The lamb is also fantastic and oh so tender! The fish of the day is generally the cheapest option and usually delicious.
How to enjoy good wine in Iceland without going broke
Wine is very expensive in Iceland. However, there are several ways around this! Firstly when you arrive in Iceland and go to baggage claim there is a giant duty and tax-free store. Iceland is I believe the only place in the world to have shopping that is both tax and duty-free. You can pick up some great wines here at very low prices and be stocked up for the trip. Just to clarify the store is actually IN the baggage claim area – this isn’t common so I thought I would highlight it!
Most of the towns we visited in the south had bottle shops – this was certainly the case in Hella, Vik and Selfoss at least. The Vinbudin stores have a limited but good selection of wine and beer as well as spirits. Their opening hours aren’t extensive so you are best to stop in between 12 and 4 pm to be sure that they are open.
The hotels we stayed in seemed fairly relaxed about us bringing our own pre and post-dinner drinks. I would also recommend bringing along some plastic glasses for ease and enjoyment!
How to See the Northern Lights in Iceland
The all elusive northern lights! I have written a complete post on this but here are a few key tips! The Northern Lights can be seen in Iceland between September and April. Many people think the colder it is the greater the chance of a sighting. However, this is not necessarily the case. The northern lights are always going on – it is just whether or not you can see them. Therefore the key factor is cloud cover – what you need is a clear night. So visible stars are a good sign! And of course, you, therefore need to be away from light pollution so it is highly unlikely you will see the lights in Reykjavik.
There is a great website for looking at Northern Lights predictions which is the Icelandic Met Office. We found this quite accurate. We also found a great app for photographing the lights – the Northern Lights Photo Taker.This was much better than any standard camera –, particularly on a phone. The key thing is finding somewhere to balance the base of your camera/phone to keep it as still as possible. The lights area always moving so virtually impossible to get in focus.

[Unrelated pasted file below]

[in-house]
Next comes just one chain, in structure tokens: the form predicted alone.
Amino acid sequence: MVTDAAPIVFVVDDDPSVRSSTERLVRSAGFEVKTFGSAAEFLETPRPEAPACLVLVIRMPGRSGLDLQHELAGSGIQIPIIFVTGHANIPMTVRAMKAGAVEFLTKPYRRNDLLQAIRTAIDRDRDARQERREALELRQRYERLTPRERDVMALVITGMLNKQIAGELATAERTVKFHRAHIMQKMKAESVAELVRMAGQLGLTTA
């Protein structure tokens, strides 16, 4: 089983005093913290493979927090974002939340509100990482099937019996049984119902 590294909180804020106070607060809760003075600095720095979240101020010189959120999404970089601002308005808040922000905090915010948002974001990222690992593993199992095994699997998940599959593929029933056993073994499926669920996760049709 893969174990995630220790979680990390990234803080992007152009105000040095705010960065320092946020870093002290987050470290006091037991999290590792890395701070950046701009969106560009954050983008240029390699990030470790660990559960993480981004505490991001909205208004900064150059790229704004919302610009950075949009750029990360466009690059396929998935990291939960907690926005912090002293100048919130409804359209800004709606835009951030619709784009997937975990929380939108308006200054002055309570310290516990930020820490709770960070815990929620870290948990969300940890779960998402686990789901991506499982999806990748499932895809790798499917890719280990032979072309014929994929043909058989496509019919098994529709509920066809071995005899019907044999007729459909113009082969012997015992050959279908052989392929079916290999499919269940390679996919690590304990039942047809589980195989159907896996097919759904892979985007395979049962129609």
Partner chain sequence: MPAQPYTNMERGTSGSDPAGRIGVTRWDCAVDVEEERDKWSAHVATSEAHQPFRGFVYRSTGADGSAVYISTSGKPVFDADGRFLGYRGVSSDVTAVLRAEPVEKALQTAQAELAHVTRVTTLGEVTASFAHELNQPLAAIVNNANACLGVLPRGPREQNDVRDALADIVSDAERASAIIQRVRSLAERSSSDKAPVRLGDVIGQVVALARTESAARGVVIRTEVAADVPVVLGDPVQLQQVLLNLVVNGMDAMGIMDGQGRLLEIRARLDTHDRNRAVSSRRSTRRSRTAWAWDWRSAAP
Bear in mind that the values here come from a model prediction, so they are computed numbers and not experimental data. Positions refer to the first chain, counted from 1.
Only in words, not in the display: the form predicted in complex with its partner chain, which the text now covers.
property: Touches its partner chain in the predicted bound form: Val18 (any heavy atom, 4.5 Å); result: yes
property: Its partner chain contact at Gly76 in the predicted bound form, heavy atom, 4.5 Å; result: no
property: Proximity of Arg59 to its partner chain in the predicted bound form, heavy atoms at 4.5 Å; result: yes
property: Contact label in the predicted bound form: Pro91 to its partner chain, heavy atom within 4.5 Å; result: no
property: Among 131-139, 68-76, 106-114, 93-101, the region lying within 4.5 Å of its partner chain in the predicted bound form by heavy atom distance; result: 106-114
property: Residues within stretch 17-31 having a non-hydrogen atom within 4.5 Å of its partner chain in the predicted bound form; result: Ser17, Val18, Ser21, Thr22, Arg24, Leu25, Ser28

Iceland Travel Blog: Photos and Light Tips
Iceland is almost otherworldly in terms of its beauty. However, it can appear completely different based on the light. I have visited Iceland 3 times – February, July and October. I had the best light in July but some of the most beautiful shots are from October due to the autumnal colours. The light changes all the time – there wasn’t one day that we didn’t have some sunshine and there wasn’t one day where we didn’t have rain!
This highlights the benefits of hiring a car as it is much easier to stop. Also even if you wake up to rain and cloud still head out to wherever you want to go – by the time you arrive the weather will almost definitely have changed! There are of course hourly weather forecasts but these seem to change all the time!
I also saw the most stunning rainbows in Iceland. All that changing weather means there are lots of rainbows – I don’t think one day went by that we didn’t see a rainbow. We often saw the entire arch and two rainbows. The intensity of the rainbow would vary – it might start out weak but would then move into intensely bright stunning colours so make sure the camera is ready.
Make sure you have a waterproof covering for your camera!
Iceland Travel Tips: Use Cards
Virtually everywhere in Iceland accepts cards – even the toilets! This is much easier than dealing with cash. It is also quite easy to pay individually when you are in a group.
Iceland Travel Tips Blog: Get there as soon as possible
Iceland is exploding with tourism and there will only be more. The main tourist attractions like Gulfoss and the Blue Lagoon are extremely busy. One of the joys of Iceland is driving down the road and seeing stunning landscapes that are empty of cars and people. This will not be the case for much longer so head on over!